"Good security should be invisible"

Rashmi Knowles is Chief Security Architect and a subject matter expert for advanced cyberthreat at RSA

'Good security should be invisible' - says Rashmi Knowles, cybersecurity expert

Rashmi Knowles is Chief Security Architect at RSA. She works to promote the adoption of RSA's core technology with customers and drives thought leadership initiatives in EMEA. She has appeared on the BBC Television and Radio as a subject matter expert for advanced cyberthreat. At the RSA Conference 2017, I spoke to Rashmi about ransomware, new threats and the role of the CISO. Excerpts from the interview:
Why do organizations and governments still have a very tactical approach towards security?
A lot of customers are constantly fire fighting. They continue to invest in security because every time there is a breach or an incident, the usual response is, "We were compromised, and we lost some data. So let's encrypt everything." So they encrypt everything. Every time an incident takes place, they buy new technology to tackle it. Hence, it is true that organizations do not have a strategic approach towards security. We are beginning to see that there is some change but it is very slow.
For instance, when it comes to financial services, the sector is very forward leaning. They tend to invest, they have the budgets -- but sometimes, it is not necessarily about more budgets, but it is about spending the budget differently. In my opinion, when it comes to cyber security, organizations must do two things: One is to focus on what a typical attack looks like. The organization must then define the attack and make sure that they have good monitoring and visibility in to your existing systems. Only when you know what 'normal' is, you can detect the anomalies in your security systems and highlight them.
The second thing that organizations should do is put a responsive plan in place. Most often, organizations haven't even starting performing these table top exercises. The longer you take to do that, the higher will be the risk towards your reputation and personal data. Leaders responsible for security in organizations must get their teams to do their homework; understand where your data is, and if you don't understand where your sensitive data is or who has access to it or how your processes work together, investing in technology is not going to help you.
Artificial intelligence has been proposed to automate threat detection, monitoring and logging.
If you need to perform more than one action when it comes to tackling security in your enterprise, automate it. RSA's Netwitness Suite use AI/machine learning techniques to identify threats, stop them before they impact the business and reduce the cost, time and scope of the cyber incident response.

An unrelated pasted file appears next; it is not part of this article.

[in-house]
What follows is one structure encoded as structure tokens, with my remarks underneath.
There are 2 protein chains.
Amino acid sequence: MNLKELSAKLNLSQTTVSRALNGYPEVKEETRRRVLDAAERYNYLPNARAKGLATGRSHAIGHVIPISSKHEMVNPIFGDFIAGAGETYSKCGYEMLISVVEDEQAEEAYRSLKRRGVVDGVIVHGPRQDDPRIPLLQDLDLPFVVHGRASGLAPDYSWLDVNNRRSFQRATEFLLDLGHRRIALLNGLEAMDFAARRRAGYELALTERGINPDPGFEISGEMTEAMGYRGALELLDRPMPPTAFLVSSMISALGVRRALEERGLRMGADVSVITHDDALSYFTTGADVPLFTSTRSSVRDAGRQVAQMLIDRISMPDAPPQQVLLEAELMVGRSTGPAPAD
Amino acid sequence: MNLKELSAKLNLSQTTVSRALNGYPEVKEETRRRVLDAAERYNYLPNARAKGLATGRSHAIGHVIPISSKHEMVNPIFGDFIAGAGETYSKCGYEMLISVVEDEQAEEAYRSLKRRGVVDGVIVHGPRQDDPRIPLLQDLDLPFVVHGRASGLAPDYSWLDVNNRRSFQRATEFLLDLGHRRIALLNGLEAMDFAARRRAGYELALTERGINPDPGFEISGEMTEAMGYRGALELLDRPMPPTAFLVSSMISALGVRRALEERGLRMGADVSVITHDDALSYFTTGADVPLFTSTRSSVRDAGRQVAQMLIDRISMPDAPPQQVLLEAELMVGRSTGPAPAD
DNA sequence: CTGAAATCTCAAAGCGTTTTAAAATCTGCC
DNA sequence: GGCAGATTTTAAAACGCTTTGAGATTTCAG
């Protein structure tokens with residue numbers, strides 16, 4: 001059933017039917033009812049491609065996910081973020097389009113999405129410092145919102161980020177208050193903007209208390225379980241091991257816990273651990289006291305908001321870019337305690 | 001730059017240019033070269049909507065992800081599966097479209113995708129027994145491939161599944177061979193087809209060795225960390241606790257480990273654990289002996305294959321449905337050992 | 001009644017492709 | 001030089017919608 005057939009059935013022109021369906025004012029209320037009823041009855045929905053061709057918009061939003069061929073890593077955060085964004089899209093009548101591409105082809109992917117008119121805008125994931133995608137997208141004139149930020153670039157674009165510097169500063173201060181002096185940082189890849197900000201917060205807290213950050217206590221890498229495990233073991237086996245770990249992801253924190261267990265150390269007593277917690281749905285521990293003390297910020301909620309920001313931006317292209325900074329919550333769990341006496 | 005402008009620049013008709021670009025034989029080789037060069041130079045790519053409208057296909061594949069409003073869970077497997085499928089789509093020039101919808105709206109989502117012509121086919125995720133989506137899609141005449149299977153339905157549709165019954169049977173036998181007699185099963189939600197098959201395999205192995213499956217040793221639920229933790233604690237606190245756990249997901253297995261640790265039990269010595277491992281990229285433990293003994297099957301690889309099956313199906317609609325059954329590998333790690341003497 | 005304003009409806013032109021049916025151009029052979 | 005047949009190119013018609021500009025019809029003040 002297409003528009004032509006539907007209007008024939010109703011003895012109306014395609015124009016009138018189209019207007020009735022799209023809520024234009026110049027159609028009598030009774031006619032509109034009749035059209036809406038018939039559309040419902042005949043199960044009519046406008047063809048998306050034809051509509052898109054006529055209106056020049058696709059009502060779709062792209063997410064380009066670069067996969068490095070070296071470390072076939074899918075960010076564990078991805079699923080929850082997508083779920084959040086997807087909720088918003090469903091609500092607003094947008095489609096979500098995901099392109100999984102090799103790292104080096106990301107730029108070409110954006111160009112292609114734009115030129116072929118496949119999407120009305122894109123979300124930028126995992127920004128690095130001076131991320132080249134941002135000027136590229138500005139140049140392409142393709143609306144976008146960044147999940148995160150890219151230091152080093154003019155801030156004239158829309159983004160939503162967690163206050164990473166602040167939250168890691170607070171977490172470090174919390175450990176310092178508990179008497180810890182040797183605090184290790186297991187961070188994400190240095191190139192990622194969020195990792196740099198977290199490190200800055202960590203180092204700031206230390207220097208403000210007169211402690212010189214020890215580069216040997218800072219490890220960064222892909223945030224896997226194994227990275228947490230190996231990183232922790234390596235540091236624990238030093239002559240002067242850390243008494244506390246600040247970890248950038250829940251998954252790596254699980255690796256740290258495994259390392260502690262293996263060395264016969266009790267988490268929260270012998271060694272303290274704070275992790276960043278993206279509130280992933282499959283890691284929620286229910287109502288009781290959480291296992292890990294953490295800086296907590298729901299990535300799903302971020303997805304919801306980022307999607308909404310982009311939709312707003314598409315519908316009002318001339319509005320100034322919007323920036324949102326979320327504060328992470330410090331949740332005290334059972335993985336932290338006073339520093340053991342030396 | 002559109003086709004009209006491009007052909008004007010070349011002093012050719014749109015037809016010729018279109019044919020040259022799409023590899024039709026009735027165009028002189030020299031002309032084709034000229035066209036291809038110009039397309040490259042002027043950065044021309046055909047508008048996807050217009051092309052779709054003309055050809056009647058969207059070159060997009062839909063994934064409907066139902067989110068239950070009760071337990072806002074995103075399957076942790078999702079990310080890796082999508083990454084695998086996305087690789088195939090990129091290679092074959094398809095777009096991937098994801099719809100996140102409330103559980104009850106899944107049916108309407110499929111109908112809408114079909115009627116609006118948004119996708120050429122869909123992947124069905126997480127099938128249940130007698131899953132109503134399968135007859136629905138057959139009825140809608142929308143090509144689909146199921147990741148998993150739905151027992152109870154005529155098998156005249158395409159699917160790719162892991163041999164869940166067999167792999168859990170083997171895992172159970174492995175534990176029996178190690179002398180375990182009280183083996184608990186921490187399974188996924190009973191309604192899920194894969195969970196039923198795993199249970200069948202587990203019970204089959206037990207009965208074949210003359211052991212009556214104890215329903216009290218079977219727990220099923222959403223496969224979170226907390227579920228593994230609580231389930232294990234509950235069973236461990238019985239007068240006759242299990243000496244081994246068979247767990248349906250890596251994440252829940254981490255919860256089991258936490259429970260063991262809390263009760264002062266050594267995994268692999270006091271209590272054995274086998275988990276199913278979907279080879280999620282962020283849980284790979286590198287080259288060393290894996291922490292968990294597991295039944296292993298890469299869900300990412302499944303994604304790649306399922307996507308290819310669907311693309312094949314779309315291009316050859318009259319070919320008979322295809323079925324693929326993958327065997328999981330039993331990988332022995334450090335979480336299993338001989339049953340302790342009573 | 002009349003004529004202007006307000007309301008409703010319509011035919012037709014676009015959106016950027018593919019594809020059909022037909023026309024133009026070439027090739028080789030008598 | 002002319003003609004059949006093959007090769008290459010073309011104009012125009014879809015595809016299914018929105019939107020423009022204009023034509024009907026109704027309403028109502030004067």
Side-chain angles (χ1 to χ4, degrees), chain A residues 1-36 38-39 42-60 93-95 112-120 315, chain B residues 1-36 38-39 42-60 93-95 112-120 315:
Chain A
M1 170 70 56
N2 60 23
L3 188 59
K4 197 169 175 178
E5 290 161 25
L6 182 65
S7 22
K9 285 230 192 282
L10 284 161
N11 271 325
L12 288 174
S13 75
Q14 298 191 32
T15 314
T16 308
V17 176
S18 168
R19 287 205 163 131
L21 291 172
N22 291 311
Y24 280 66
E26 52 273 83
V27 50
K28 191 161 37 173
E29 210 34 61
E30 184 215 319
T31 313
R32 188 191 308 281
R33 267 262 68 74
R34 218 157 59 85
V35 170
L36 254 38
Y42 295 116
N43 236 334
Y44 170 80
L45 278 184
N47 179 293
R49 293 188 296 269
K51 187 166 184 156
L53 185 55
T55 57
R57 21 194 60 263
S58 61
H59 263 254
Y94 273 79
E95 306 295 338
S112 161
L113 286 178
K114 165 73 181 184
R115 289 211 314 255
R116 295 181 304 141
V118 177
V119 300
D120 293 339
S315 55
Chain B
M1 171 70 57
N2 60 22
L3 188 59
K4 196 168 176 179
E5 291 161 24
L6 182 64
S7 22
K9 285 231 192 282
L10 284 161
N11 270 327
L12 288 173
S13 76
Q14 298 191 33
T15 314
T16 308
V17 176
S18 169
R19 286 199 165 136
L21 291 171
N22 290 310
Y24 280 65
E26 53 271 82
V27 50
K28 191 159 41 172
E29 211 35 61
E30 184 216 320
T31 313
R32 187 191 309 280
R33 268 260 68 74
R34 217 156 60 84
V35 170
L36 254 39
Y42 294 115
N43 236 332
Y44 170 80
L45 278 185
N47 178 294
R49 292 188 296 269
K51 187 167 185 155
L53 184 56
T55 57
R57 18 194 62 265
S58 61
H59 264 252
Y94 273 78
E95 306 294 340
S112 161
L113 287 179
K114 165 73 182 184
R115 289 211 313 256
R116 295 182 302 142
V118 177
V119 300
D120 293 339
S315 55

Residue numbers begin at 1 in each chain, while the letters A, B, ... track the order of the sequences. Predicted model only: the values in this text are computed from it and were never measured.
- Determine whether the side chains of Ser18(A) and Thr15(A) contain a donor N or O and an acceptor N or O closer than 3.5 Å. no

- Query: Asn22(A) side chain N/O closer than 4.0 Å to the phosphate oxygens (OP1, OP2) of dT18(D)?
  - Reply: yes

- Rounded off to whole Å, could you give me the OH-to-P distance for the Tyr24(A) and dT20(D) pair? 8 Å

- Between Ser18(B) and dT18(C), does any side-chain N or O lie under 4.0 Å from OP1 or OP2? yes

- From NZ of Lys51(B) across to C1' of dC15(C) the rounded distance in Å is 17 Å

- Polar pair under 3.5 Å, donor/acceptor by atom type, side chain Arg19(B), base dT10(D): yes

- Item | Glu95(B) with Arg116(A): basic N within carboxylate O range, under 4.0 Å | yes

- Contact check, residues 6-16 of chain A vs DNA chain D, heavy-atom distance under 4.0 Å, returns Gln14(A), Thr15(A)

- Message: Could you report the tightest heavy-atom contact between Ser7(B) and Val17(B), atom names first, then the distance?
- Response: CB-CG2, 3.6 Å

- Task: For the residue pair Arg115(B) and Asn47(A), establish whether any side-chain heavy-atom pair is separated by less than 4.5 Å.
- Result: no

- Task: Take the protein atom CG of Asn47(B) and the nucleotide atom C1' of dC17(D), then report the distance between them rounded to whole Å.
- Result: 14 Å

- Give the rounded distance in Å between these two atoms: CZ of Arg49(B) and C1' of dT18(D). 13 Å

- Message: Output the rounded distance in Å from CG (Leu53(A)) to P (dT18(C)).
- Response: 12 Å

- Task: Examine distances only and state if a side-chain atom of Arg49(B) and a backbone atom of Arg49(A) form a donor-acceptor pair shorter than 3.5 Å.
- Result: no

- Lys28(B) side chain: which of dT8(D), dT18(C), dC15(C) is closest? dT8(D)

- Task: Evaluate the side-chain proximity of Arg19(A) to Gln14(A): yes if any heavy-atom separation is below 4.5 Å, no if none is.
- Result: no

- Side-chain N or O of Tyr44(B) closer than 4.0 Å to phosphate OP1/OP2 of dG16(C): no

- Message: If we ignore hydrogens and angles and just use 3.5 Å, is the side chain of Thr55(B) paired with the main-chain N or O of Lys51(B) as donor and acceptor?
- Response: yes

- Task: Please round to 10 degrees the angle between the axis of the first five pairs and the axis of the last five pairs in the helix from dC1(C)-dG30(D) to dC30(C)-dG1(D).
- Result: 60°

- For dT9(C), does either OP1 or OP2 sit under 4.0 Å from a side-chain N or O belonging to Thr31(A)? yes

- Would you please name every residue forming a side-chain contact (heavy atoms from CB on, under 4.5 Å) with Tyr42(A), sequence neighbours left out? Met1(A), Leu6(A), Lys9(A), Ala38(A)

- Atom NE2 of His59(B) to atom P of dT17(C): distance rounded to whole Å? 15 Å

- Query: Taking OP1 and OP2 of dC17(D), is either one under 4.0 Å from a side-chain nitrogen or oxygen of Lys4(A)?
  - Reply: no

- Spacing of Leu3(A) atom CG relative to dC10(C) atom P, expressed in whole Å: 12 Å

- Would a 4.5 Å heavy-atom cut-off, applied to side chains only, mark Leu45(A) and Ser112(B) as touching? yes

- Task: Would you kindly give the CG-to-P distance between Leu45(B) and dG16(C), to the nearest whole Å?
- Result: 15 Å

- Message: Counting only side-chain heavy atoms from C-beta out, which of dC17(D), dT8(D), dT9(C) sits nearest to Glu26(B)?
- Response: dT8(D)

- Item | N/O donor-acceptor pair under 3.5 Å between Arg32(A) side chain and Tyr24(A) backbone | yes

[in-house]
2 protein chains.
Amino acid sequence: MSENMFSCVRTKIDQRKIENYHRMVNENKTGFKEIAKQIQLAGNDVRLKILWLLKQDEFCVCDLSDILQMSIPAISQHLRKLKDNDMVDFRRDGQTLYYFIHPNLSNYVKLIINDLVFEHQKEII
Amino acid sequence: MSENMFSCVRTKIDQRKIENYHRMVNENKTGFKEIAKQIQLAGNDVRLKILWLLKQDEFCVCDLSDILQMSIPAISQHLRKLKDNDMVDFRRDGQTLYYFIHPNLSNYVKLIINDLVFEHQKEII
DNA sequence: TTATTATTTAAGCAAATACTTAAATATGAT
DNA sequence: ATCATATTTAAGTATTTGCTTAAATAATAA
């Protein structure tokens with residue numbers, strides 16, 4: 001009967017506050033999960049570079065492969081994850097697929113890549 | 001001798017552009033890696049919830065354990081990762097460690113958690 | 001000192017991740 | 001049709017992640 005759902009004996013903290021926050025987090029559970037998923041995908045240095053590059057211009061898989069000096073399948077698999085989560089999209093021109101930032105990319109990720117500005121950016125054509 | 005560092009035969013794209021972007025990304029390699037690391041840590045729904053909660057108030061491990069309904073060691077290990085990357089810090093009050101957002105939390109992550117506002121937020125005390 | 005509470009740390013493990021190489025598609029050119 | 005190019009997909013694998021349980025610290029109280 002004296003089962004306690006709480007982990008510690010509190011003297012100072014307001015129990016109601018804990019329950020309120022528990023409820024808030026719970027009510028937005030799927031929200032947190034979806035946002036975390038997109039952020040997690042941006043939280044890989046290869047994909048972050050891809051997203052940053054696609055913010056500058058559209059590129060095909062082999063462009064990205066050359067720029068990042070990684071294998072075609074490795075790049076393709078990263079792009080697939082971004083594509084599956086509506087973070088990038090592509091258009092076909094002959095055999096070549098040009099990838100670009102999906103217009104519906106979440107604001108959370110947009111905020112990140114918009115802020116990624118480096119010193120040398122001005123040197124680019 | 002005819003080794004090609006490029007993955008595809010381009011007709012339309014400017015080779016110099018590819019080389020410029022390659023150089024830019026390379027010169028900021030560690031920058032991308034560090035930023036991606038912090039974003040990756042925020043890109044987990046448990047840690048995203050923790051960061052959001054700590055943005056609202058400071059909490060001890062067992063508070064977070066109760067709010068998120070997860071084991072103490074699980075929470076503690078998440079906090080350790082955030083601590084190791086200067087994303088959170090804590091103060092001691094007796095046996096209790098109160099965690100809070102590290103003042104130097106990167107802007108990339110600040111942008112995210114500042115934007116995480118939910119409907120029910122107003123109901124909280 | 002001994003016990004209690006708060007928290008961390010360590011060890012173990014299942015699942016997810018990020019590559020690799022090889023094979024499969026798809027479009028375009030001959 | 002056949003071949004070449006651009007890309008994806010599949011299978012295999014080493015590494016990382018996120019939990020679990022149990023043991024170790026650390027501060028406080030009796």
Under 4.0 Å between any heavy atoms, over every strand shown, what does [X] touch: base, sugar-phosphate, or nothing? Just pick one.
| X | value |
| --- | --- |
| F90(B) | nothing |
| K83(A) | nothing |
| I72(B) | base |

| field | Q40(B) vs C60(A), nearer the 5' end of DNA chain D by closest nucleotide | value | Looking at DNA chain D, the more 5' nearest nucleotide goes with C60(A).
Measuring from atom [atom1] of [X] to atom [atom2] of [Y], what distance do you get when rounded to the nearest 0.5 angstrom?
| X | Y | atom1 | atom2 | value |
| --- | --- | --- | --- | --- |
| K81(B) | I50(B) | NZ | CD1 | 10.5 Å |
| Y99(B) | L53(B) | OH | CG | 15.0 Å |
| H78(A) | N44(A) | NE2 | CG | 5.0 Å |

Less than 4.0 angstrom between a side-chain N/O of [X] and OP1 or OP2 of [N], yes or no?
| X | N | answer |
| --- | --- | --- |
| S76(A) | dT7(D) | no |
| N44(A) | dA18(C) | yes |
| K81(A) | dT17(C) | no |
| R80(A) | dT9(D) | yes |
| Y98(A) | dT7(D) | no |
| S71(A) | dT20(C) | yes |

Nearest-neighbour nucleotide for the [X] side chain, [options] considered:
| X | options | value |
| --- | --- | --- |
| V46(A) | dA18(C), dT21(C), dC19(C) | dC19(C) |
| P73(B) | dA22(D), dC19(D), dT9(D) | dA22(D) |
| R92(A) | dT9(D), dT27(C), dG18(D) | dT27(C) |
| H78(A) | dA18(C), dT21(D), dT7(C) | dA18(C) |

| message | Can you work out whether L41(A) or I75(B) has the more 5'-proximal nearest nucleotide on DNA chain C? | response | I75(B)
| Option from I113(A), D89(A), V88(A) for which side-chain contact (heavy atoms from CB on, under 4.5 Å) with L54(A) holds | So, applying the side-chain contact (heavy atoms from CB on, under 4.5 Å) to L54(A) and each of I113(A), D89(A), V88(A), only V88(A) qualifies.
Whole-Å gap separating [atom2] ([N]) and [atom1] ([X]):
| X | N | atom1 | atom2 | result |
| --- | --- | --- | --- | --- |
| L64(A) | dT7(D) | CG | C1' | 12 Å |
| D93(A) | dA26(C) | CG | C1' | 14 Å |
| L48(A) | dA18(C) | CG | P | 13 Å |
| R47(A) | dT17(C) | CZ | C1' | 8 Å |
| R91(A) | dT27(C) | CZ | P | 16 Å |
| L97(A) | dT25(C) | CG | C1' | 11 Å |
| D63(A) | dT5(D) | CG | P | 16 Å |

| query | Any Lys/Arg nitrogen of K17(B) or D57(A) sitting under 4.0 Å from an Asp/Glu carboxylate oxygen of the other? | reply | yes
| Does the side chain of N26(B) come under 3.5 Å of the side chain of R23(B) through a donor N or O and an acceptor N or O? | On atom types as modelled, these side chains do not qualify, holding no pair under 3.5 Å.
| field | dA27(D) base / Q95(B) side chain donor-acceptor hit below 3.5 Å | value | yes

You can put limited resources on these activities and it makes your analyst's job much easier and more efficient. RSA SecurID also works on the principles of AI and uses risk scoring to authenticate users.
2016 was declared as the ransomware. What problem do we have at hand and how do we tackle it?
I mentioned earlier that security professionals must have an understanding of what normal looks like -- if you don't know what that looks like, how will you tackle the anomaly, incident monitoring and identify the attack when it is starting to happen. You must spend money on further planning in terms of the kill chain. Focus on detecting ongoing attacks that have already breached your perimeter and crack them before the damage is done. Instead of analyzing old malware, deploy a breach detection system that automatically detects and analyzes the changes in user and computer behavior that indicate a breach.
The importance of ransomware and its education cannot be overstated. But education is not about getting someone to sit in the classroom. Rather, it should be built into our system - which is like saying that when we see something unusual, there should be an element of automation that tracks the activity and informs the user about the breach or the fact that it violates their organization's security policy. Invest money on tech and processes. If you do that well, you reduce your risk levels substantially.
How can companies and CISOs re-imagine their security policies to protect their users and address the new threats?
Good security should be invisible. It should be easy, seamless and secure. If an organization should have a security policy, it should be built into their systems and processes such that it allows them to do their job properly and securely. Therefore, the key is to build it in.

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